Yesterday, I watched a pretty incredible documentary, which you’ve undoubtedly heard of, called Jiro Dreams of Sushi. To sum it up, the documentary is about an 85-year-old sushi master Jiro Ono, his business in the basement of a Tokyo office building, and his relationship with his son and eventual heir, Yoshikazu.
In the movie, the concept of shokunin is introduced to the viewer. I couldn’t remember how the term was defined in the documentary so I took to the Internet. The best definition of shokunin I was able to find was by Tasio Odate:
“The Japanese word shokunin is defined by both Japanese and Japanese-English dictionaries as ‘craftsman’ or ‘artisan,’ but such a literal description does not fully express the deeper meaning. The Japanese apprentice is taught that shokunin means not only having technical skills, but also implies an attitude and social consciousness. … The shokunin has a social obligation to work his/her best for the general welfare of the people. This obligation is both spiritual and material, in that no matter what it is, the shokunin’s responsibility is to fulfill the requirement.” – Tasio Odate
Now how does this relate to security? Well think about this, how many of us can say that we’ve become ‘craftsmen’, ‘artisans’, or ‘shokunin’ in a single aspect of information security? I cannot think of a single friend, colleague, or acquaintance that I would consider shokunin. Please, don’t be offended by the previous statement. I know quite a few people who I consider very good at what they do, but none of them have the dedication to be shokunin.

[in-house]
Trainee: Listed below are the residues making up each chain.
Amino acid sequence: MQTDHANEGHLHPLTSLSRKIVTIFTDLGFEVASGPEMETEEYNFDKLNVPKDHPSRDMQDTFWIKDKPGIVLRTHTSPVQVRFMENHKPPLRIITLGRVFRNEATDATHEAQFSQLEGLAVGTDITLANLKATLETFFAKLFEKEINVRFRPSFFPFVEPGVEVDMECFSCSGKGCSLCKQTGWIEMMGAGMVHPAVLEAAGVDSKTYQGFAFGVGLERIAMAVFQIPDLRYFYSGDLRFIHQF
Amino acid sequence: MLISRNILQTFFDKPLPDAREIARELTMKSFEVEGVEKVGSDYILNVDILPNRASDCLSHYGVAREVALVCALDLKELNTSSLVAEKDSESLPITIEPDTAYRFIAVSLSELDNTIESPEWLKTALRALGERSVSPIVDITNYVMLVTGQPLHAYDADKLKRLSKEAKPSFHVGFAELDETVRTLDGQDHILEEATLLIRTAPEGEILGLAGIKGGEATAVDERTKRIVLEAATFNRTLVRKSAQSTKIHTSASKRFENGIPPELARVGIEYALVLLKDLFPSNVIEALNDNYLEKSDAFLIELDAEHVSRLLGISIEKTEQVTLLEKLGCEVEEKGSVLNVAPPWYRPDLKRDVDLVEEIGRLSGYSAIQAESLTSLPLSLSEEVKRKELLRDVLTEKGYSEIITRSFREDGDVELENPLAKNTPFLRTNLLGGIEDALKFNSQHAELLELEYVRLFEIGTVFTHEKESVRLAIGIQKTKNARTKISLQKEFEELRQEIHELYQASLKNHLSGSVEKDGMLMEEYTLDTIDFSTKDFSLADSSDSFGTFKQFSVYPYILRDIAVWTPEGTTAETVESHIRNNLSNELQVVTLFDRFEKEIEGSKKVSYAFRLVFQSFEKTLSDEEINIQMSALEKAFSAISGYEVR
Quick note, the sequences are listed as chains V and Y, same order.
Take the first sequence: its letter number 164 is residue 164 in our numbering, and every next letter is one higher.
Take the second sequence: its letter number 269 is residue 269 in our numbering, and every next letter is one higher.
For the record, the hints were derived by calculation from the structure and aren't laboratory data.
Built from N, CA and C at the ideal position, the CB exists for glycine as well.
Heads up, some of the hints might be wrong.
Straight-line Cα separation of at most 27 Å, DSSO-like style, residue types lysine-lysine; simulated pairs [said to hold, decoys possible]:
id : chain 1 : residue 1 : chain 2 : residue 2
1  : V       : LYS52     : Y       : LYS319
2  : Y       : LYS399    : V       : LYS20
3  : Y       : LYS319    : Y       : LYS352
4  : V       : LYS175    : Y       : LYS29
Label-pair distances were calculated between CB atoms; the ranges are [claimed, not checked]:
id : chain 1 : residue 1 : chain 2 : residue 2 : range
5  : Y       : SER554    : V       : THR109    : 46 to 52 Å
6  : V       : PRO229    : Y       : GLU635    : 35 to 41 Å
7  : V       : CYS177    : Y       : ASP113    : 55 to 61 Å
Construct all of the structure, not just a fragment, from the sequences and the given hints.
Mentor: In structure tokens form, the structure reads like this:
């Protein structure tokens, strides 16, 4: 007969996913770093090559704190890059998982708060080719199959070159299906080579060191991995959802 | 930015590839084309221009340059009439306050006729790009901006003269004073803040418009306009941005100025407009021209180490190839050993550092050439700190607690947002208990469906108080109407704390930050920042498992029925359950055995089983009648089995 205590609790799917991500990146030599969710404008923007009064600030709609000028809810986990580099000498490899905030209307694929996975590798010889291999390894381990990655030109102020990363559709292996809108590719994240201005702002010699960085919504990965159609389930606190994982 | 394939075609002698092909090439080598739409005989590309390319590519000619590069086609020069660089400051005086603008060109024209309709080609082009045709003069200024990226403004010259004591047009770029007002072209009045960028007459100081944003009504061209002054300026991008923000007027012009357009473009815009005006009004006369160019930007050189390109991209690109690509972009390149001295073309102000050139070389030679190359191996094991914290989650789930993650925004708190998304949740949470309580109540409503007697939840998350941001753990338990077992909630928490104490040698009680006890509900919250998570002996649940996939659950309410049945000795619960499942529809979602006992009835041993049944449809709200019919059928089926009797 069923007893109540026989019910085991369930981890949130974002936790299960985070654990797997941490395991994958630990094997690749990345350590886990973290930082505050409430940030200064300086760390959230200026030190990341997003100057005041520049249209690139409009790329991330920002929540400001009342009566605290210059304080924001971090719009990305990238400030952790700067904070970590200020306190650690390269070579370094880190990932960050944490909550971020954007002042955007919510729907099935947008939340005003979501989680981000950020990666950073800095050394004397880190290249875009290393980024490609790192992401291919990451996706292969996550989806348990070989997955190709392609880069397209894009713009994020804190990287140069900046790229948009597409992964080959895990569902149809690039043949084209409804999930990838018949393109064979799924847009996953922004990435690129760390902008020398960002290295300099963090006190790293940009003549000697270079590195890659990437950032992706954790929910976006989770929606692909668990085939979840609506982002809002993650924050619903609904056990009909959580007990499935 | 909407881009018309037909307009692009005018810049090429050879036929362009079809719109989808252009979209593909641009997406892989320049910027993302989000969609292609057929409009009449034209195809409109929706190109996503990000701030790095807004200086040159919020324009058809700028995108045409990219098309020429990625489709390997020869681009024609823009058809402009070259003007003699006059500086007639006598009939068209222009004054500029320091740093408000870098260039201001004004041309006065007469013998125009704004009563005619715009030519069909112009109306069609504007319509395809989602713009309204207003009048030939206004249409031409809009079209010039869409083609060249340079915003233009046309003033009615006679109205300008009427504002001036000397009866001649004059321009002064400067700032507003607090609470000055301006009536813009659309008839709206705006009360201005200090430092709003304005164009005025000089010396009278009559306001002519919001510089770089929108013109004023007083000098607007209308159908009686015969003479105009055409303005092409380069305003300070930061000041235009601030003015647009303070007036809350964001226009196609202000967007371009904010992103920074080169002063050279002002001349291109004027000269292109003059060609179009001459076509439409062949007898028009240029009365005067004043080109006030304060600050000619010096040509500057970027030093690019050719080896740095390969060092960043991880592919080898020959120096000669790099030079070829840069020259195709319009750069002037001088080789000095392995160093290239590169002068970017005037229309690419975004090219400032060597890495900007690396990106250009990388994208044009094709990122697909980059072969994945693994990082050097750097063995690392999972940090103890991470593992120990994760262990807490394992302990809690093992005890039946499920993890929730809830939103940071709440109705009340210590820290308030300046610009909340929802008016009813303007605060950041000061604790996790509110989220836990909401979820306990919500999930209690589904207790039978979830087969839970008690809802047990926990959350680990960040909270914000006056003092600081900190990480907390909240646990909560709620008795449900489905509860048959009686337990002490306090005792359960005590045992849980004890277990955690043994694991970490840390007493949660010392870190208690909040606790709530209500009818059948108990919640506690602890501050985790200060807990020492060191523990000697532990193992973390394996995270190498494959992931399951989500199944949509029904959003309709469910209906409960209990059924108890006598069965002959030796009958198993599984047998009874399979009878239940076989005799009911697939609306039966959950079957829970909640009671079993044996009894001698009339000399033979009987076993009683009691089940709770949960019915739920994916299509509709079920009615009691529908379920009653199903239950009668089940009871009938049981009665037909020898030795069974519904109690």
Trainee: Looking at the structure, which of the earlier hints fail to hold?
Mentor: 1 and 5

I argue that the information security field does not have shokunin, nor will we ever if we keep flip-flopping between requiring individuals to be specialized one minute and have a wide breadth of skill the next. In the documentary, Jiro (or maybe it was Yoshikazu) mentions that an apprenticeship lasts for a minimum of 10 years. I, for one, have not worked a single job for more than 3.5 years, let alone 10. The dedication to become shokunin simply does not exist in our field.
When I posed the question to Twitter this morning, Andrew (@azwilsong) suggested that our field was simply not as mature as that of sushi. Kevin Johnson (@secureideas) agreed, but wondered what we could do to change it:
So which is it? Serious passion to perfect a single skill or a wide variety of knowledge across various disciplines? Do we even need security shokunin? I’d be curious to hear what you think.
While you ponder your response, I’ll leave you with this. The documentary includes quite a bit of commentary from Japanese food critic Yamamoto, who lists “the five attributes of a great chef” – all of which, he asserts, Jiro possesses in spades. These attributes are:
How many of us strive to live by the above attributes…ALL of the above attributes? Time to look inward, methinks 🙂